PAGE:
Longman Dictionary of Contemporary English
The Collaborative International Dictionary
differential \dif`fer*en"tial\, a. [Cf. F. diff['e]rentiel.]
Relating to or indicating a difference; creating a difference; discriminating; special; as, differential characteristics; differential duties; a differential rate.
For whom he produced differential favors.
(Math.) Of or pertaining to a differential, or to differentials.
(Mech.) Relating to differences of motion or leverage; producing effects by such differences; said of mechanism. Differential calculus. (Math.) See under Calculus. Differential coefficient, the limit of the ratio of the increment of a function of a variable to the increment of the variable itself, when these increments are made indefinitely small. Differential coupling, a form of slip coupling used in light machinery to regulate at pleasure the velocity of the connected shaft. Differential duties (Polit. Econ.), duties which are not imposed equally upon the same products imported from different countries. Differential galvanometer (Elec.), a galvanometer having two coils or circuits, usually equal, through which currents passing in opposite directions are measured by the difference of their effect upon the needle. Differential gearing, a train of toothed wheels, usually an epicyclic train, so arranged as to constitute a differential motion. Differential motion, a mechanism in which a simple differential combination produces such a change of motion or force as would, with ordinary compound arrangements, require a considerable train of parts. It is used for overcoming great resistance or producing very slow or very rapid motion. Differential pulley. (Mach.)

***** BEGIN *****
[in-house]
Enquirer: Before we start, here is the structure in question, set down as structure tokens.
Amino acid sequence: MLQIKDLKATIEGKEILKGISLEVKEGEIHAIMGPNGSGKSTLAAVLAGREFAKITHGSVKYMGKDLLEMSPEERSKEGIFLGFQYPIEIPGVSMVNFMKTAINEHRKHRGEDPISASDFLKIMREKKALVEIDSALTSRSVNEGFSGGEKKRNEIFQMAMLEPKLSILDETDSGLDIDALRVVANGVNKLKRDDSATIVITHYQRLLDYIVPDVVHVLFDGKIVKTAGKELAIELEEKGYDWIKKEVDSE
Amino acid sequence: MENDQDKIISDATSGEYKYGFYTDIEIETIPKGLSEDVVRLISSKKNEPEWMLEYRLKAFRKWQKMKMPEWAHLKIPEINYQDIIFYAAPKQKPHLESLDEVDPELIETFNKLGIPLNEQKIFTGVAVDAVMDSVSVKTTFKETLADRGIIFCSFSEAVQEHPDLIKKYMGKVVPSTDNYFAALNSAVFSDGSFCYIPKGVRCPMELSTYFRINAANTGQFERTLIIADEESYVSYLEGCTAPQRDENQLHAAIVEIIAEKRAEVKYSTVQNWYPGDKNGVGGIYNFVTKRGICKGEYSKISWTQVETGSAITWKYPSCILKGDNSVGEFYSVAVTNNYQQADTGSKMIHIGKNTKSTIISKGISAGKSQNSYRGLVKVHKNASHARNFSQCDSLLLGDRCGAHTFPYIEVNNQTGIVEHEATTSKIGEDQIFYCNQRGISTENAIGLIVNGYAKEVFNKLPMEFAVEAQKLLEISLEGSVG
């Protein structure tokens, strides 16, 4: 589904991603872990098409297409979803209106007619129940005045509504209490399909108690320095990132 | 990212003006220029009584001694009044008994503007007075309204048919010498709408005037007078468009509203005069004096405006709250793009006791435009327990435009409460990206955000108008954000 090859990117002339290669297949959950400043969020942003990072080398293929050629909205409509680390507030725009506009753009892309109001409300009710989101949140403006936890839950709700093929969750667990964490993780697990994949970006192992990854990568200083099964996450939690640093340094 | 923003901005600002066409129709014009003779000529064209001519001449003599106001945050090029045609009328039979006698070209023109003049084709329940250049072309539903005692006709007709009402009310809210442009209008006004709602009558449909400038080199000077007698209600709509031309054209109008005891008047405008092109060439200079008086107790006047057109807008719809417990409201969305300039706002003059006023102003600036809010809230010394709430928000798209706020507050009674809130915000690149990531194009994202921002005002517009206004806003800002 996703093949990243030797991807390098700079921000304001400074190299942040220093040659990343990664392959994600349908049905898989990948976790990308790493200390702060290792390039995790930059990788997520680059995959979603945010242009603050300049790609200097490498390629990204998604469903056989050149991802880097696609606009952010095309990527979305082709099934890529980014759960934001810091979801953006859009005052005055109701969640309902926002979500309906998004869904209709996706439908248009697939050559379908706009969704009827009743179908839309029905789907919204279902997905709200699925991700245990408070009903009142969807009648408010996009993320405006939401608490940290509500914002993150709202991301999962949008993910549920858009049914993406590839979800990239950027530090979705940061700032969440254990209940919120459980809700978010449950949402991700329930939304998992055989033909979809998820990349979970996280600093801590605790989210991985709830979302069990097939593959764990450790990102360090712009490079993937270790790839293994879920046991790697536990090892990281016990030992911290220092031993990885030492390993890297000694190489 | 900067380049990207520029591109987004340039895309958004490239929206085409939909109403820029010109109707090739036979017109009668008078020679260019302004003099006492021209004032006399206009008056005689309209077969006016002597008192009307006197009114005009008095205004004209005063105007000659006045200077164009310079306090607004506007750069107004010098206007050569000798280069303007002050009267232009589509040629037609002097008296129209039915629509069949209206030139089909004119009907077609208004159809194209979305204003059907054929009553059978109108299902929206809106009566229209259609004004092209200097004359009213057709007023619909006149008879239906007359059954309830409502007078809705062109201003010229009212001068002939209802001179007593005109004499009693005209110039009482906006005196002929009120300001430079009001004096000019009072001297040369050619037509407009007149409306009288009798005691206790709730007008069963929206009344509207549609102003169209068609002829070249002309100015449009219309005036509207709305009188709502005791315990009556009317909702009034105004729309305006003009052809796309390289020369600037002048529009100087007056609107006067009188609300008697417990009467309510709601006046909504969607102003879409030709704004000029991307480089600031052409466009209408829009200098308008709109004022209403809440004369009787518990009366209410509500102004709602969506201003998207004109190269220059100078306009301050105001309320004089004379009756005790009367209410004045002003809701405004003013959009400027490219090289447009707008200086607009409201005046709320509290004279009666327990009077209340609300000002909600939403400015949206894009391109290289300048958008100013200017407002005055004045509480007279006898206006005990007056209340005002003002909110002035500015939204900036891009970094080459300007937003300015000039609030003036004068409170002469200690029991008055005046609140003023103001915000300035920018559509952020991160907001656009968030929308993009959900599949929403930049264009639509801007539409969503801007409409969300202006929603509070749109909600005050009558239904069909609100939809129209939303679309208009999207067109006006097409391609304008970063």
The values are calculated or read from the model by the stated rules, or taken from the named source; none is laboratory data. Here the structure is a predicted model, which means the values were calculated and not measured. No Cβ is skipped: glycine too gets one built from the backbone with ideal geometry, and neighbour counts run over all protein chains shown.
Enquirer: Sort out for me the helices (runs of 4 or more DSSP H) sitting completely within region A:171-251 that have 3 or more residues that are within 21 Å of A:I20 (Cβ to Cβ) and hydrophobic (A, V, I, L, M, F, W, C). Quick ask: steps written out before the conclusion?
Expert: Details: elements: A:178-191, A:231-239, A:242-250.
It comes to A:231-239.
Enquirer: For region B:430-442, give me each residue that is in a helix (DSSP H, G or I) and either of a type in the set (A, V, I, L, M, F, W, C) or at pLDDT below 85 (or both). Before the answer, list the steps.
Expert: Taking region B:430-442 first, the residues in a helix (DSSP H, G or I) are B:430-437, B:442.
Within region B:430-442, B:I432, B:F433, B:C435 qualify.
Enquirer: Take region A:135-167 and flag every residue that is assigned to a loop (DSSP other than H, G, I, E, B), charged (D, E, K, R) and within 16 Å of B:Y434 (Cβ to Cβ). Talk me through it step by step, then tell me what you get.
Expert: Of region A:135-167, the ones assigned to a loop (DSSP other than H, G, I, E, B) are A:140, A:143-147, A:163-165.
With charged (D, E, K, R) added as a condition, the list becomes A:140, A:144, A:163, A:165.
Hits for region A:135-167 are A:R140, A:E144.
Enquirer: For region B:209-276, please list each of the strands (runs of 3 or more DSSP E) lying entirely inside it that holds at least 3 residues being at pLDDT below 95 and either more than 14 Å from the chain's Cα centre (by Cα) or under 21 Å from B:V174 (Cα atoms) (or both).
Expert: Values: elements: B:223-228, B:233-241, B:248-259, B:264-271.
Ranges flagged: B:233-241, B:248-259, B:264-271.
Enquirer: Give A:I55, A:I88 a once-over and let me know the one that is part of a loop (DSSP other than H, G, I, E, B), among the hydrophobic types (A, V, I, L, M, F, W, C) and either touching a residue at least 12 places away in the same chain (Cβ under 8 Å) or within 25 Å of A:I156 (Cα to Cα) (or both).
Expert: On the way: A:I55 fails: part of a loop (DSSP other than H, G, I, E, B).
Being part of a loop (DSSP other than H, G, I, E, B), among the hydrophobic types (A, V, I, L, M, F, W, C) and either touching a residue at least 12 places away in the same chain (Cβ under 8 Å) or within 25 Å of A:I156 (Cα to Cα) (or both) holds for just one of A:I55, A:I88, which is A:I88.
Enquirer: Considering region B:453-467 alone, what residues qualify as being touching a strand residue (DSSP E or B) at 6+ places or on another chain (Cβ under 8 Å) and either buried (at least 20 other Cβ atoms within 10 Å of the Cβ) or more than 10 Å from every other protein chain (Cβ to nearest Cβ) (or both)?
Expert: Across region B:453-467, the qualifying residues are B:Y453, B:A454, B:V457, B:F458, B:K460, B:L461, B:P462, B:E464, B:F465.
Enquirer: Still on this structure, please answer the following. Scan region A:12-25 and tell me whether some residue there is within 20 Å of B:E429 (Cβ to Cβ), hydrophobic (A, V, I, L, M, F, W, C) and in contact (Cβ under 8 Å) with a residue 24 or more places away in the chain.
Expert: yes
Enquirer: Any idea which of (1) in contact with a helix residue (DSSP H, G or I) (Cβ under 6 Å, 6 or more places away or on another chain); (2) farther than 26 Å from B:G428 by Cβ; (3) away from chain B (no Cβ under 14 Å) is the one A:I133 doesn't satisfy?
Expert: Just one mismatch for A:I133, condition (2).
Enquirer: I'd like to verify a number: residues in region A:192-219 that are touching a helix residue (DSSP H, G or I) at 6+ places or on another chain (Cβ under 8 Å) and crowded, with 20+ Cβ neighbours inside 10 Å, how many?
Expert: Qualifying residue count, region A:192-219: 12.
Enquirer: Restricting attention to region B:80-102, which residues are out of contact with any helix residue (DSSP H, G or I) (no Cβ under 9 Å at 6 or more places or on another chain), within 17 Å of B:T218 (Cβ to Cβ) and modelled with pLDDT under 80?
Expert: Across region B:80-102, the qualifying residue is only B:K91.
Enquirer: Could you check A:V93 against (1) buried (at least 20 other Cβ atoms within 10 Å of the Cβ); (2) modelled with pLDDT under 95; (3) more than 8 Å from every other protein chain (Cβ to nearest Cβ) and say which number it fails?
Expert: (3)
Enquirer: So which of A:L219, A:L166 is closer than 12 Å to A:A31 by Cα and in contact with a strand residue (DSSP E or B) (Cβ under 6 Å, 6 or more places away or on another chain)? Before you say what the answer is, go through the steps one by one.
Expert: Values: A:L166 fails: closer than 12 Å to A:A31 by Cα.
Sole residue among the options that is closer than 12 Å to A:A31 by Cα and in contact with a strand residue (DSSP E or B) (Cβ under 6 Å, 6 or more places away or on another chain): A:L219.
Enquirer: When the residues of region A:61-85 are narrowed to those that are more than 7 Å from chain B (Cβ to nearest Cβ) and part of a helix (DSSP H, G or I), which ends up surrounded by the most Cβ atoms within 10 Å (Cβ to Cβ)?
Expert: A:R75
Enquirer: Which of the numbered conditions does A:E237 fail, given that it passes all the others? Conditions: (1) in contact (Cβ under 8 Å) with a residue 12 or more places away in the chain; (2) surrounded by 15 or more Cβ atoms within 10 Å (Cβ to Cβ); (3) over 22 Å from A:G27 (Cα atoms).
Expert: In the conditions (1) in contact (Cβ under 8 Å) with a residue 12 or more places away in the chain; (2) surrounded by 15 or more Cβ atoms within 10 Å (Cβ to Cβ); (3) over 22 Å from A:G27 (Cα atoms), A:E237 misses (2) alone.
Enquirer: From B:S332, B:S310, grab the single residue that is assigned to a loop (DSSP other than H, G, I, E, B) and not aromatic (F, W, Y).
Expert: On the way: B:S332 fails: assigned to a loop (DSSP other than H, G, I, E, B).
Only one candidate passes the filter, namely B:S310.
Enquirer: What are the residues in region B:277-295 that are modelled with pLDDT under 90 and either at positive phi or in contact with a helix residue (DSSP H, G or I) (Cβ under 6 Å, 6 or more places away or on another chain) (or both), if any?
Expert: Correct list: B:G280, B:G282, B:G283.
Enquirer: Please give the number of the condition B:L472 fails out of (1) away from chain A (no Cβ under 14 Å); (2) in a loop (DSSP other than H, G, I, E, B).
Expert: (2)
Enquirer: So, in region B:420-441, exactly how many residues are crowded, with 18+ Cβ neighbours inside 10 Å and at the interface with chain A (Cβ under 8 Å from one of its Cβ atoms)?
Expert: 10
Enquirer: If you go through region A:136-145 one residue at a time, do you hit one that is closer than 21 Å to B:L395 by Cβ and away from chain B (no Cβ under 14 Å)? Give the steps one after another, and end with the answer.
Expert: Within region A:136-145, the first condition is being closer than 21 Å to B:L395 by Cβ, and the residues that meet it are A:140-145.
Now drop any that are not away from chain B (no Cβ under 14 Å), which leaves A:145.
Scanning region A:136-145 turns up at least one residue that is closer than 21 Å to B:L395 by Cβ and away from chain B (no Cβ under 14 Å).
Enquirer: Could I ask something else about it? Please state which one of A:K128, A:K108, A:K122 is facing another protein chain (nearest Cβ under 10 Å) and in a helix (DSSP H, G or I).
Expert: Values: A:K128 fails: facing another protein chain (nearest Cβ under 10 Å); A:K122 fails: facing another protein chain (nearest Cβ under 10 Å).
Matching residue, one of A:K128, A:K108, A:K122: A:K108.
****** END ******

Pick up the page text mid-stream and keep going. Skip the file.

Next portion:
A portable hoisting apparatus, the same in principle as the differential windlass.
A hoisting pulley to which power is applied through a differential gearing.
Differential screw, a compound screw by which a motion is produced equal to the difference of the motions of the component screws.
Differential thermometer, a thermometer usually with a U-shaped tube terminating in two air bulbs, and containing a colored liquid, used for indicating the difference between the temperatures to which the two bulbs are exposed, by the change of position of the colored fluid, in consequence of the different expansions of the air in the bulbs. A graduated scale is attached to one leg of the tube.
Differential windlass, or Chinese windlass, a windlass whose barrel has two parts of different diameters. The hoisting rope winds upon one part as it unwinds from the other, and a pulley sustaining the weight to be lifted hangs in the bight of the rope. It is an ancient example of a differential motion.